“Welcome to Dreamist. If you are ready for your work, roll your eyes to the right once.” said the soft and soothing female voice in her earphones. She rolled her eyeballs to the right, underneath her closed eyelids. This motion was registered by her eye-mask which transmitted the result over Bluetooth to the smartphone app. “Good. We begin with 500 Facebook comments posted on the Nike page. I will read out each comment. If you feel the comment would be liked by you or your friends, roll your eyes to the right. Else roll to the left.” Boy, this is going to be a long night, Cindy thought as she started to work through her quota.

The Caffeine-497 in her Buzz was already working through her body. She felt extremely relaxed and numb and so was her mind. But, it was clear enough to make simple decisions. She had tried dream-work before, actually everyone at her school had. It was an easy and risk-free way to earn some pocket money. There was virtually no side-effect, since the 497 allowed the body to release all the right sleep hormones needed by the muscles for rest and repair. The only aspect it controlled was the mind, which it gently held back, just enough. Not enough to really think things through, but just enough for making rudimentary decisions.

“You guys are capitalist pigs” said the female voice reading out the comment. Cindy rolled her eyes to the left. That was not a real comment, she thought. Must be one of the randomly inserted test comments used by the app to make sure the worker was not faking it. Facebook comments, Twitter tweets, blog comments, anything that could be read by a text-to-speech converter and needed a bit of human judgement was fair for the game in this work. Decisions in marketing, advertising, design, all were now being put through A-B testing of this type to prove their worth. With no physical harm caused to the workers and only small amounts of money being earned, this underground economy had escaped regulation. Virtual workplaces, like that of Amazon Mechanical Turk, has already created the online task division, doling, processing and payment systems needed for such work. People were ready to work all their waking hours. The only territory left now was their sleeping hours.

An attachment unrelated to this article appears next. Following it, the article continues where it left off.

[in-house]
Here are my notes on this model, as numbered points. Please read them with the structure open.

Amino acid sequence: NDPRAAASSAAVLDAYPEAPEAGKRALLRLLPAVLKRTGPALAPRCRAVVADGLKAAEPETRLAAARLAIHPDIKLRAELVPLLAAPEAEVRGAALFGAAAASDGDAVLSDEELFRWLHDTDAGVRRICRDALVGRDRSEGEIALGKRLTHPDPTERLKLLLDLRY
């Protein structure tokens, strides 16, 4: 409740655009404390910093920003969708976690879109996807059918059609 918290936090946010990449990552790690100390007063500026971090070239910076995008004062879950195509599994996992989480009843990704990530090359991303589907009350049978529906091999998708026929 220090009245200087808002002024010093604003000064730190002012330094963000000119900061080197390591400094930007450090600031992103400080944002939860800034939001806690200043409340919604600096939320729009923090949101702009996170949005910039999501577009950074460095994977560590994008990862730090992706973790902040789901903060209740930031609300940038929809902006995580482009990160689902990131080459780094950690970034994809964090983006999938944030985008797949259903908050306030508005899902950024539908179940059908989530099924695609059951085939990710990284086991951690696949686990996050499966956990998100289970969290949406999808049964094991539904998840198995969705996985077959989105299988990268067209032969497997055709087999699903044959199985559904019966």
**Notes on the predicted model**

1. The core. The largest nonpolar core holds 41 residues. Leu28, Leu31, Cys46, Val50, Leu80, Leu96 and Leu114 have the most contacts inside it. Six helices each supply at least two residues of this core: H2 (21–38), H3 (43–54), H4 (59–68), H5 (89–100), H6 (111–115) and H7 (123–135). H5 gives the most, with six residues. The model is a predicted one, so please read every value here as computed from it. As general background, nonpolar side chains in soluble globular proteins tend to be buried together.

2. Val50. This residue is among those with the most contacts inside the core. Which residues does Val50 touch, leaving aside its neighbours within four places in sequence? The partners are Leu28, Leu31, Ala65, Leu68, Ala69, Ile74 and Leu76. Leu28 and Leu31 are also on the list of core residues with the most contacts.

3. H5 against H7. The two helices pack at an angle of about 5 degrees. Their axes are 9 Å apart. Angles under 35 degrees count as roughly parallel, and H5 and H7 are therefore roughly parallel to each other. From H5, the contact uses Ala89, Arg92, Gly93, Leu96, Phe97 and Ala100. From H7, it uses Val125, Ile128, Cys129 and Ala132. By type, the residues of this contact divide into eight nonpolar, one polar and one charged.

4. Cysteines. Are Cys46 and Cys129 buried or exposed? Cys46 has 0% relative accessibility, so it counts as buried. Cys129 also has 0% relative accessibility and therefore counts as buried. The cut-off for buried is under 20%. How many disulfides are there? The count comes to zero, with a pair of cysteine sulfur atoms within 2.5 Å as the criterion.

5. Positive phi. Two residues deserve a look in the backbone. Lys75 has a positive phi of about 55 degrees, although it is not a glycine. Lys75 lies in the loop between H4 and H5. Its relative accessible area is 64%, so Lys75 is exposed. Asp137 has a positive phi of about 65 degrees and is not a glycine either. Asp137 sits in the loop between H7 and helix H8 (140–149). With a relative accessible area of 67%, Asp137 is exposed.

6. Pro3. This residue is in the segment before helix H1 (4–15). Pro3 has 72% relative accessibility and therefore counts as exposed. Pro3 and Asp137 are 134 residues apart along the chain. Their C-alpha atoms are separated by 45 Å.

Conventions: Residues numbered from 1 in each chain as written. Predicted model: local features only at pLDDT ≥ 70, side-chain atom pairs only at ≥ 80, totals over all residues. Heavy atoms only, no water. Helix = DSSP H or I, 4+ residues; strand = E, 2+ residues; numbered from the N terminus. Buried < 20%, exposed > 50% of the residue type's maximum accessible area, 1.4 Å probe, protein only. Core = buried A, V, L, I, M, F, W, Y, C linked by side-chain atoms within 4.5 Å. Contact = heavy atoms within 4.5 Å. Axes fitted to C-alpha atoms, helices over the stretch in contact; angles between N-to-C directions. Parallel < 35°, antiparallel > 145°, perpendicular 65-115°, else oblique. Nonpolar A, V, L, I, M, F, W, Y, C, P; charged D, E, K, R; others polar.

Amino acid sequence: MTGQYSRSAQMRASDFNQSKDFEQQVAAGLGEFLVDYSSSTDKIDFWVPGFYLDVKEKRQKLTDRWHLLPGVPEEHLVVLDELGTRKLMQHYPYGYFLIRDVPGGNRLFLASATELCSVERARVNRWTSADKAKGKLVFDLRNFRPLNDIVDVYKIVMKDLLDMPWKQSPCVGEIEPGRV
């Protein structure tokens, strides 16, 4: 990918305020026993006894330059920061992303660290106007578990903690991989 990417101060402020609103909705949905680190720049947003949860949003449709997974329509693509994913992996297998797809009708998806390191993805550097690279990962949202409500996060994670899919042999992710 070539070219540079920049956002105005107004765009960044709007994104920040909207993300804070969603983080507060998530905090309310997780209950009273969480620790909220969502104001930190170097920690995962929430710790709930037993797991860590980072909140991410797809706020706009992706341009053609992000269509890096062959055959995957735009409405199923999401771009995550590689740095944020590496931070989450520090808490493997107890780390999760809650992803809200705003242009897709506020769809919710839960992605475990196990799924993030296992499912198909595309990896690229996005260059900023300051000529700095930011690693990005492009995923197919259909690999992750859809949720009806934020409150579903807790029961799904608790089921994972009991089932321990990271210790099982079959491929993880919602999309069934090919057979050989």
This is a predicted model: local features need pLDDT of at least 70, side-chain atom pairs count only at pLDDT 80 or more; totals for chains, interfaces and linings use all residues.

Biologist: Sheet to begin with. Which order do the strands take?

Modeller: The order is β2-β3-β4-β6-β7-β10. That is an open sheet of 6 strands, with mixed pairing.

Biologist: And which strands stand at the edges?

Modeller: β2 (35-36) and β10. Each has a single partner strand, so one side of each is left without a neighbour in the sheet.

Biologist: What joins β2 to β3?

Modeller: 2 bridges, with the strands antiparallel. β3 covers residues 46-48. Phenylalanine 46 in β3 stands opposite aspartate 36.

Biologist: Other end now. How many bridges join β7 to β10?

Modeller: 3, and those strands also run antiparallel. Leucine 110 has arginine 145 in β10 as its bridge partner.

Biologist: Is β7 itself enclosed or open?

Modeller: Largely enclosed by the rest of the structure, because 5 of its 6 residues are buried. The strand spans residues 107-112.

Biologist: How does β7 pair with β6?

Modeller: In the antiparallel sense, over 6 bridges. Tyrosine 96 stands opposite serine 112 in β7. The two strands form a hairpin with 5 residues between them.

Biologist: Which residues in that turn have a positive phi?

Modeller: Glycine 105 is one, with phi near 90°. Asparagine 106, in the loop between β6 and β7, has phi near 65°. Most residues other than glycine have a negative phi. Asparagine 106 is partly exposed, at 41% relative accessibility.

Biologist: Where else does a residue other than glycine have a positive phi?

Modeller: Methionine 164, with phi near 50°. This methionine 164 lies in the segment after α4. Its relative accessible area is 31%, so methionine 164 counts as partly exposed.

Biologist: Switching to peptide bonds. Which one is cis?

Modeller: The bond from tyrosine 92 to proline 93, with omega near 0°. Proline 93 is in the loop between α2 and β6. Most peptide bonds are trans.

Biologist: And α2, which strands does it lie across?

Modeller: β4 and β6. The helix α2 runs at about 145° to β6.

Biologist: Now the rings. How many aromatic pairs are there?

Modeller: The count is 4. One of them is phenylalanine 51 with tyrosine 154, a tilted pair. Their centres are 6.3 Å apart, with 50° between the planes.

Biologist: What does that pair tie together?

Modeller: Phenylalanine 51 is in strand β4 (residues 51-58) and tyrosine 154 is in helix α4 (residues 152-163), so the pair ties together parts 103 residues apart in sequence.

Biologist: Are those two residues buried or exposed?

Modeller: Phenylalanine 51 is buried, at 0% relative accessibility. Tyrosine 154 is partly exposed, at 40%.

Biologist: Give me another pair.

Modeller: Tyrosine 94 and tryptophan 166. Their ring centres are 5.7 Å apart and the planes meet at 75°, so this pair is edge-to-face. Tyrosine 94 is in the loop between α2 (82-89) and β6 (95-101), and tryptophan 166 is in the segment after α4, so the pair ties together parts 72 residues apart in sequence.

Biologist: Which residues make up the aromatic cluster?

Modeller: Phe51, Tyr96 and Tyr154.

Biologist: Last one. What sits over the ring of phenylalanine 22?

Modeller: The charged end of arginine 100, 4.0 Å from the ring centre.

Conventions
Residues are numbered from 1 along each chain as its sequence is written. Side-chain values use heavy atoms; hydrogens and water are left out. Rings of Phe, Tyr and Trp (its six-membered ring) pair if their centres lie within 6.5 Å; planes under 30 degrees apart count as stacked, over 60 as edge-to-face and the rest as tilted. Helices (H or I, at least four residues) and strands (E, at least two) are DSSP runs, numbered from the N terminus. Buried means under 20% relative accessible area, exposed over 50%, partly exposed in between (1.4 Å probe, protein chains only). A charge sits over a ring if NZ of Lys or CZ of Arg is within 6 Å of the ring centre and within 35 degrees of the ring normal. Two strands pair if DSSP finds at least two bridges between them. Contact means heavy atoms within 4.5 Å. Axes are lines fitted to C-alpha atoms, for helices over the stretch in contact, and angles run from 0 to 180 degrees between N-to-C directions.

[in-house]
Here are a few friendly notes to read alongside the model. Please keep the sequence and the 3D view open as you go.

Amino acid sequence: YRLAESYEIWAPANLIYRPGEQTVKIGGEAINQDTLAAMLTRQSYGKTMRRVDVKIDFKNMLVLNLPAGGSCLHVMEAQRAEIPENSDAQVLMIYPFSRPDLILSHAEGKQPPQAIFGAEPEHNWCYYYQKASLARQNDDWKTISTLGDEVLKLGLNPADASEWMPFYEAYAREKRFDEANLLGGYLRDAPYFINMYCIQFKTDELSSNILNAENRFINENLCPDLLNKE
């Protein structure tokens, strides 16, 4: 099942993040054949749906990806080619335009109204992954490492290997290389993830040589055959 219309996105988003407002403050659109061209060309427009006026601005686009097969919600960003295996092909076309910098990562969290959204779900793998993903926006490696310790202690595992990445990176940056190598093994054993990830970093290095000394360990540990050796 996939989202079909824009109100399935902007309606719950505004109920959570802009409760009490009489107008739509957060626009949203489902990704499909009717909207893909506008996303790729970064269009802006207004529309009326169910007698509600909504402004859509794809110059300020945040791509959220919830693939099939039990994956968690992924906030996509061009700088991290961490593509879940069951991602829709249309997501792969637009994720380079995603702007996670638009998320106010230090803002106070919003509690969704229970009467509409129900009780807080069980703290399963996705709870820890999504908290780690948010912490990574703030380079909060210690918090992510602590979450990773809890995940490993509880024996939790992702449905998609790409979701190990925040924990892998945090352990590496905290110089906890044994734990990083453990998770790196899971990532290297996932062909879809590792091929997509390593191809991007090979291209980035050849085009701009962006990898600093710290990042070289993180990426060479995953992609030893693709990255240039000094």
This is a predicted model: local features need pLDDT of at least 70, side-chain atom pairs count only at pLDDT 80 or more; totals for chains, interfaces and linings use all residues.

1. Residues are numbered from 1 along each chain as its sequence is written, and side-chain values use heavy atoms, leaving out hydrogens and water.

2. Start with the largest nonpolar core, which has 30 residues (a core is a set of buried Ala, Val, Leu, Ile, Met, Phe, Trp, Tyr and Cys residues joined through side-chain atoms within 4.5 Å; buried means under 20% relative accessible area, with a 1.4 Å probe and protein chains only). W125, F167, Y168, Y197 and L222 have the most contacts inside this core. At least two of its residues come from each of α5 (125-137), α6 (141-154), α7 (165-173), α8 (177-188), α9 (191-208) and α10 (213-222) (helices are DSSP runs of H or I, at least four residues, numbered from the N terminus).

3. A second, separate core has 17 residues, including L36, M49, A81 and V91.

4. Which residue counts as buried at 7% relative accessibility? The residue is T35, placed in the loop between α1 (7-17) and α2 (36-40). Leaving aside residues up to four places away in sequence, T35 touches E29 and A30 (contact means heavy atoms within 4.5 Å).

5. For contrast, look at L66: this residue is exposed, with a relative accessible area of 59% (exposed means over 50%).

It was Saturday noon, bright and sunny, as Cindy took the train to meet her friends at the mall. She had put in extra hours of sleep and work during the week and had accumulated enough money in her Paypal account to buy the dress. Her teachers had been a bit puzzled to see her being dull in class during the week. Her eyes had been a bit red all day too. Other than that, the work had no side-effects. Looking around curiously at the other passengers, she wondered how many of them were trading in their dreams for small change.

She mindlessly flipped through her phone, checking articles shared by her friends. There was one by the Economist, claiming dream-work as the unconquered Wild West of labour and said cheesily that “counting sheep for big bucks” was the way to go. Apparently, researchers were already looking for unintrusive methods of playing images to the mind during sleep. Judging Facebook photos, image commercials and other vision-based decision-work was far more lucrative and it was where this industry is headed said the piece. As the train nodded off, cutting through the city, Cindy closed her eyes and, for the first time that week, started to dream of the ball.

© 2022 Ashwin Nanjappa • All writing under CC BY-SA license • 🐘📧